No, grapefruit is not bad for you. It’s low in calories, high in nutrients and provides many worthwhile health benefits, including increasing weight loss, lowering blood pressure and potentially reducing your risk of colon cancer.
Since the 1930s, grapefruits have been a long-running diet staple. If you’re trying to lose weight, odds are probably pretty good that a friend or family member has recommended incorporating grapefruit into your diet. But even though these fruits have a lengthy association with health and weight loss, they’re really not that old.
A tropical treat, grapefruits were first discovered in Barbados in the 18th century. Botanists believe they were likely the result of a natural cross breeding between oranges and pomelos, an Indonesian citrus fruit. They were given the name “grapefruit” because of the way they grow in clusters... like grapes.
So do these fairly new fruits have any real impact on your weight? Are they bad for you in any way?
Grapefruits offer substantial health benefits—and support for weight loss is merely one of many. It’s low in calories (52 per half fruit) and has a glycemic index of 25, so it won’t spike blood sugar. And while it’s no miracle fat burner, studies have shown that eating more grapefruit can help you lose more weight. In fact, a study from the Nutrition and Metabolic Research Center at Scripps Clinic discovered that people who ate grapefruit halves prior to a meal lost around three and a half pounds within twelve weeks—without making any other dietary modifications.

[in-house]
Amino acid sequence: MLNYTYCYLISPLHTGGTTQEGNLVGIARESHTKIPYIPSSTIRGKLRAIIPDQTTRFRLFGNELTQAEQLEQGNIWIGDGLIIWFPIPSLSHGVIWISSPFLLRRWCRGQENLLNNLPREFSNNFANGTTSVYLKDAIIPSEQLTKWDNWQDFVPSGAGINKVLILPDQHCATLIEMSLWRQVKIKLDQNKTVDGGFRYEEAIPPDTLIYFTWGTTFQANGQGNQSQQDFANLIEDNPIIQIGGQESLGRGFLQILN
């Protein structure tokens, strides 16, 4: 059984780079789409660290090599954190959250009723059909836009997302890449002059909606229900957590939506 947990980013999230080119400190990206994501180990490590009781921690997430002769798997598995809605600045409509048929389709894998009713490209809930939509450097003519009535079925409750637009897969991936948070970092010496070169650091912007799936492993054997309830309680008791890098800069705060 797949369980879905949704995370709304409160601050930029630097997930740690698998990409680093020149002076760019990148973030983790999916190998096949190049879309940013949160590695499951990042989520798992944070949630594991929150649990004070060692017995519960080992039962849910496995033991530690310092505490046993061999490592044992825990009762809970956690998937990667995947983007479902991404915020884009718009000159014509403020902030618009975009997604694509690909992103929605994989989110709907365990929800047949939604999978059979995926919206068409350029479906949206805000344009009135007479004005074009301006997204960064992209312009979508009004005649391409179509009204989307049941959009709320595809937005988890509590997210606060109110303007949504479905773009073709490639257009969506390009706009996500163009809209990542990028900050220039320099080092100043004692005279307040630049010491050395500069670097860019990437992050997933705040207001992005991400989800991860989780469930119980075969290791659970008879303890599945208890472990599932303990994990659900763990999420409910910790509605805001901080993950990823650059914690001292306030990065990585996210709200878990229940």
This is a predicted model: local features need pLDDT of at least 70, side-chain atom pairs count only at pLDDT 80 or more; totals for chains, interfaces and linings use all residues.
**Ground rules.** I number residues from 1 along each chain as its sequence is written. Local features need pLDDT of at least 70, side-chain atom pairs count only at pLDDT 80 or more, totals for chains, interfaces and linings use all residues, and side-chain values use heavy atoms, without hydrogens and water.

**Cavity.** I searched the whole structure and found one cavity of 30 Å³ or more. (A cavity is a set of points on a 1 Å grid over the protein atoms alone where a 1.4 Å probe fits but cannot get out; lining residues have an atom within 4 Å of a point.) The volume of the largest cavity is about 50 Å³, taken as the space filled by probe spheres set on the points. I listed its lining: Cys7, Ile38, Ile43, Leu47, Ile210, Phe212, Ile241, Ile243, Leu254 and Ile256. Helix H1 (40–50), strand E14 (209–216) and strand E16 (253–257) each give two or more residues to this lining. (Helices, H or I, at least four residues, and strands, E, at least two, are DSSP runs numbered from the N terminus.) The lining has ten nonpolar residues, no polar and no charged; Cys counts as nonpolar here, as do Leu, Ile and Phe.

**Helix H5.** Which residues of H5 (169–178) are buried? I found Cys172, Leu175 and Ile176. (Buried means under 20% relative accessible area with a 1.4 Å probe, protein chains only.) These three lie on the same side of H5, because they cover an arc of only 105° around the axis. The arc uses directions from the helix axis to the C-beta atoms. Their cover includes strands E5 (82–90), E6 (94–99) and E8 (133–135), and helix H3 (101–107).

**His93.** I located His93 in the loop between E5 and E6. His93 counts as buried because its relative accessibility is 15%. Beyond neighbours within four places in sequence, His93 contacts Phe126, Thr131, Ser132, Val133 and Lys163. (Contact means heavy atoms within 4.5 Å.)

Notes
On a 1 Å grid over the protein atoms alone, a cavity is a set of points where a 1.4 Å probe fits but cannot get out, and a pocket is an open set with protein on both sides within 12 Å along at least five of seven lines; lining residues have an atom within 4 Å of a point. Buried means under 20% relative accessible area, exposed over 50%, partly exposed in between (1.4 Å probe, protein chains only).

Eating more grapefruit can also help reduce your blood pressure. The Journal of Agriculture and Food Chemistry reports that consuming just one grapefruit a day can help decrease LDL (“bad” cholesterol) levels by 15.5 percent and triglycerides by up to 27 percent. This is likely due to grapefruit’s rich nutrient content, which includes sizable amounts heart healthy fiber, potassium, lycopene, vitamin C and choline.
In the long-term, grapefruit may even help reduce your risk of certain types of cancer. It’s rich in vitamin C and antioxidants, which help your body fend off cell-damaging free radicals. Because of these properties, grapefruit has been shown to help reduce risks for certain types of cancer—prostate and esophageal, in particular.
However, eating more grapefruit might not be beneficial for everyone. It has enzyme-binding properties, which increases the speed and ease of certain medications being absorbed into the bloodstream. This could be dangerous and potentially even fatal in some cases. So if you are taking calcium blockers, statin or psychiatric drugs, consult your doctor before increasing the amount of grapefruit in your diet.
And remember: even though grapefruit has a lot of advantages... it’s not a be-all-end-all. The key to good health and disease prevention is eating a balanced diet, as opposed to relying on one single food or nutrient.
Possible short-term side effects
- suppresses appetite
- interacts with certain medications
- aids in weight loss
- lowers blood pressure
- helps reduce risk of certain cancers
- boosts immune system
- promotes digestion